The General Purpose Infrared Sensor Model (genIR) is a next-generation imaging sensor model developed for use in closed-loop digital simulations. Using physics-based models in combination with laboratory measurements and/or statistical models, the genIR architecture provides a unified way of modeling infrared cooled and uncooled sensor camera optics and video hardware. genIR exists as a user-configurable package designed by subject matter experts in electro-optics (EO) technology, using best practices of simulation software design. genIR benefits from an active user and developer community continuously adding to its model knowledge base.
genIR consists of object-oriented C++ software modules that model the EO/IR missile seeker and surveillance sensors from programs across Raytheon. As shown in Figure 3 the model architecture contains physics-based modules aggregated into processing pipelines that work together to accurately model imaging infrared seeker optics and the electronics front-end for IR hardware. genIR is a proven technology used today in major programs, independent research and development efforts, signal processing algorithm development, and other modeling and simulation activities. Its highly configurable modules make it a perfect choice for engineers seeking to model specific EO/IR sensor behavior in their analyses. genIR provides an extensive pedigree through verification and validation efforts performed in multiple programs, which include comparisons with theoretical calculations, captive flight tests and free flight data.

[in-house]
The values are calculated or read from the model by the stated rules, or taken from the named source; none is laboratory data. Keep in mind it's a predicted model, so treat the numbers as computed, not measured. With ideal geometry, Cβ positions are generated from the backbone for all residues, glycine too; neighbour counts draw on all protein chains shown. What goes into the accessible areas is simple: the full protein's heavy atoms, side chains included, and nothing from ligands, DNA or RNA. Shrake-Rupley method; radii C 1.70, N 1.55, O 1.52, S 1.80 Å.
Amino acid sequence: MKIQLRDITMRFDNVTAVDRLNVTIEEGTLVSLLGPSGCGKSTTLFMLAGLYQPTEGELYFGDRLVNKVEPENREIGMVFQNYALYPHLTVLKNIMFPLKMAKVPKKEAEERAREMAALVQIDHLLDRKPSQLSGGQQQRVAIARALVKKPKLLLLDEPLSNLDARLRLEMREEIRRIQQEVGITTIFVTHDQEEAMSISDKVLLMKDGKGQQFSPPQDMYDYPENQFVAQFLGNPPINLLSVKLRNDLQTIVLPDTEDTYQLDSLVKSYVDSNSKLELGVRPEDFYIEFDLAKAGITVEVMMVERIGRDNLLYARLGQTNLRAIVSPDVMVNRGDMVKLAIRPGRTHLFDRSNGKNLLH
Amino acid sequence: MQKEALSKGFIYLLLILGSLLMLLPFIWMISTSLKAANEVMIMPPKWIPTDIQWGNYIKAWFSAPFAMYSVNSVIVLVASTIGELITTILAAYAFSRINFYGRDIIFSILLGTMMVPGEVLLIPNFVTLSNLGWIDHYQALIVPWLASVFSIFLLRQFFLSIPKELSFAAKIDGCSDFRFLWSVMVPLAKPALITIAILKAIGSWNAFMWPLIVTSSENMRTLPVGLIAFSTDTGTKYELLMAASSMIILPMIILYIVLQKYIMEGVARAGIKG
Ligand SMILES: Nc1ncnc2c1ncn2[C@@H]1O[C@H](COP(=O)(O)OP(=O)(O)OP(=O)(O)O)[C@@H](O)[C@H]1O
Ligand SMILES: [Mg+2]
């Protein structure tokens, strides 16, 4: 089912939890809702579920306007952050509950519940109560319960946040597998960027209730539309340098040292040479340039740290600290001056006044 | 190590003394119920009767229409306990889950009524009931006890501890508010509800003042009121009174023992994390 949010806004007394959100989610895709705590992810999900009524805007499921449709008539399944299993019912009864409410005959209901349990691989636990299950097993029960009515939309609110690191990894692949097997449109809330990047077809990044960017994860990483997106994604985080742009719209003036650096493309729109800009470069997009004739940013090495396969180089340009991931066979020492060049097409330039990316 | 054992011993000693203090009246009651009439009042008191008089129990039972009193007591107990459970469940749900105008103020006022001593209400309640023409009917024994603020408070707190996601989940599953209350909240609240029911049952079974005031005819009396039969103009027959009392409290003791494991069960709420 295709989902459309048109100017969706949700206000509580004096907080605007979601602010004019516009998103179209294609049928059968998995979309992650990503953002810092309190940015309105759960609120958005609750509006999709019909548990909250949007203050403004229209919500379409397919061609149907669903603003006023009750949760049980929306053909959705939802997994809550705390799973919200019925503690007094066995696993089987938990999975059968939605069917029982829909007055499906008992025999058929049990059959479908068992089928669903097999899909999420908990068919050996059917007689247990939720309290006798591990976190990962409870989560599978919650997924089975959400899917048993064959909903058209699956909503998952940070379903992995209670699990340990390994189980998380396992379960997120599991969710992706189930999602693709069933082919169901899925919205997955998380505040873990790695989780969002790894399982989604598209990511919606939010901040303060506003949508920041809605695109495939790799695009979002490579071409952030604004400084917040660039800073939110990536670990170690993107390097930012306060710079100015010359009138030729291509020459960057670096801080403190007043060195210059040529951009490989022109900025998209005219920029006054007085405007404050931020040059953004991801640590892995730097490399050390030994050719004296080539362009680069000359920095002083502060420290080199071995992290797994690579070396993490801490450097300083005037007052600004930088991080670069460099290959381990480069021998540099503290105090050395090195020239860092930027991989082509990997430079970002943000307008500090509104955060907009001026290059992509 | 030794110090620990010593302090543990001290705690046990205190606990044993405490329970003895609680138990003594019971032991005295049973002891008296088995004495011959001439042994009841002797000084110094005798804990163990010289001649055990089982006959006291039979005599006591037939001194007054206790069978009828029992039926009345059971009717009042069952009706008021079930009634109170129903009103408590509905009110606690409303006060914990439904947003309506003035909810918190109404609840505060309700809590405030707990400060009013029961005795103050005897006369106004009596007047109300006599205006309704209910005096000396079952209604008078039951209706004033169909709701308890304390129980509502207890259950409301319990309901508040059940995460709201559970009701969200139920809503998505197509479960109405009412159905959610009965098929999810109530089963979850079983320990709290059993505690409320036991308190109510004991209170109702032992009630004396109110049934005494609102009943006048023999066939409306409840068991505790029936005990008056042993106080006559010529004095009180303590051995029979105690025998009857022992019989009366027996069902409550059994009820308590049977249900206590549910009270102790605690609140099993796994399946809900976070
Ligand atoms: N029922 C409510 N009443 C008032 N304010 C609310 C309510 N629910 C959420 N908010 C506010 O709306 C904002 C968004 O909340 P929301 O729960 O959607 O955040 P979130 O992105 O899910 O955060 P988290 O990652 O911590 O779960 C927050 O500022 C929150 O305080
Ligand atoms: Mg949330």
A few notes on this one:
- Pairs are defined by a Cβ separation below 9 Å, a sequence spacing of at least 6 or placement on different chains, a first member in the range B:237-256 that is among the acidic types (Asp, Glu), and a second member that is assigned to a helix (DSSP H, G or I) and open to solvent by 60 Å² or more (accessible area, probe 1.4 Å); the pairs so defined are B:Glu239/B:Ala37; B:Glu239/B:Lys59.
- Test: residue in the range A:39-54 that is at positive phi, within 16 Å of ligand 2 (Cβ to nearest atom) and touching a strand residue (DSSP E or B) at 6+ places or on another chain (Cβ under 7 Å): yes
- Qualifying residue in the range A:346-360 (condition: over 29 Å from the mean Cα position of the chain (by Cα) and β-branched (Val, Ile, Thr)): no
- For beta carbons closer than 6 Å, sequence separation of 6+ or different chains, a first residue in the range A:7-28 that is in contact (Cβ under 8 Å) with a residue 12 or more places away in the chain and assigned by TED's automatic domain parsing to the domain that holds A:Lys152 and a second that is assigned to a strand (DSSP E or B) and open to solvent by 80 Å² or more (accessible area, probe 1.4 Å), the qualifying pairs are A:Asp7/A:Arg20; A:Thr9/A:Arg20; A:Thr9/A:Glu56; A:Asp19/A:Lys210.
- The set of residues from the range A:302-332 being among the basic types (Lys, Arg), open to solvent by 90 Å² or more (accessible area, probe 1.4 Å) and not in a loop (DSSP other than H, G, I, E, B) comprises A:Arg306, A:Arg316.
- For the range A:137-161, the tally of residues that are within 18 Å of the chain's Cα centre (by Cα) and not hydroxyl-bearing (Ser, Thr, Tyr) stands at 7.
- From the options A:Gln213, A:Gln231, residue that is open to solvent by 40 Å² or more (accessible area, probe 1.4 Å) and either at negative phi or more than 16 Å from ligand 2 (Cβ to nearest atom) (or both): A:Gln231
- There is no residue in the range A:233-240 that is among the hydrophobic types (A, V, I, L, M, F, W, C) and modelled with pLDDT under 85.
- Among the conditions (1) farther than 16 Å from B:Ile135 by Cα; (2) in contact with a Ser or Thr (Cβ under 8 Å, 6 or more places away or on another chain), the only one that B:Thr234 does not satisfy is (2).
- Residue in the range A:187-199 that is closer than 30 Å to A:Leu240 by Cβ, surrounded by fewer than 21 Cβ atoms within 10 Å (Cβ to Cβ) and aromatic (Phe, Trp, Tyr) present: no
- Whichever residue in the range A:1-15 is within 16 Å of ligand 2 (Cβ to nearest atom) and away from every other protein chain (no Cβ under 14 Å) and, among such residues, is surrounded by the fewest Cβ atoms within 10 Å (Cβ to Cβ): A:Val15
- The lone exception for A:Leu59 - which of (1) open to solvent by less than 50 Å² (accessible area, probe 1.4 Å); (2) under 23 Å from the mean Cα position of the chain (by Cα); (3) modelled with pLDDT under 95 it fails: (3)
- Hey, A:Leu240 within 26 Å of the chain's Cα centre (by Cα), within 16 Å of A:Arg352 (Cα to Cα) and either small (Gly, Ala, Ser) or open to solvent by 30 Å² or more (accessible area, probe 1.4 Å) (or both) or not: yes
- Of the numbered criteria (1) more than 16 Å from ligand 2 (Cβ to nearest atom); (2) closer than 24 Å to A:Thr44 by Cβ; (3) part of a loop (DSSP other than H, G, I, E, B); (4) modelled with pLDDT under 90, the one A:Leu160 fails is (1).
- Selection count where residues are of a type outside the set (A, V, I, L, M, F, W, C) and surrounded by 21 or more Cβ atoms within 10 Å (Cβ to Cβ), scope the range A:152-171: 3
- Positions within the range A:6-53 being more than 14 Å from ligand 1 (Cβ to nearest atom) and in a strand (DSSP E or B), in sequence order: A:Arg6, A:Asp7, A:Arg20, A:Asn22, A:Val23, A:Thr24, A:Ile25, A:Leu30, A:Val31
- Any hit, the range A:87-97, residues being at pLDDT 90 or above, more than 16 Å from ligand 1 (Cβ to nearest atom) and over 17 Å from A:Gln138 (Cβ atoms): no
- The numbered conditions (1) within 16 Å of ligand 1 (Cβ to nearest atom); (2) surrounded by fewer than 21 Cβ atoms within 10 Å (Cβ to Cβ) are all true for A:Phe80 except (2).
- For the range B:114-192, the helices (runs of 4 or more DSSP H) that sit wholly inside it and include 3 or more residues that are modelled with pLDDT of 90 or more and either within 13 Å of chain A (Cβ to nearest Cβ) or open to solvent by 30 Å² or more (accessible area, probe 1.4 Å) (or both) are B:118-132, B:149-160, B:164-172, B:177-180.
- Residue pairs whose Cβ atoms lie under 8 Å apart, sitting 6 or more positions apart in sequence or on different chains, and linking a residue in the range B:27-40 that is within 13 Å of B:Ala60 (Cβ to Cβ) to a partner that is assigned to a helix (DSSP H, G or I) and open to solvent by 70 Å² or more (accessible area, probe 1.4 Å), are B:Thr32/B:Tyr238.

genIR is designed to be compatible with genSim and other simulation frameworks, as well as being capable of running in stand-alone mode. Many programs have substantially lowered their design and development costs by leveraging this technology, and many others are currently investigating its applicability. genIR supports the complete life-cycle process, including sensor pre-design, algorithm development and software- and computer-in-the-loop performance testing (Figure 4).
The genSim family of simulations is poised to expand into additional system design activities, such as cost modeling and reliability, in order to support robust and affordable system solutions. While future developments of genRF and genIR will increase model capability, genSim development will focus on new features requested by the growing user base. We are also looking to apply our software and analysis tools to broader system design challenges in the other Raytheon businesses.
C. Russell Hanson, Anibal Morales,
Edward Romic and Juan Carlos Salcedo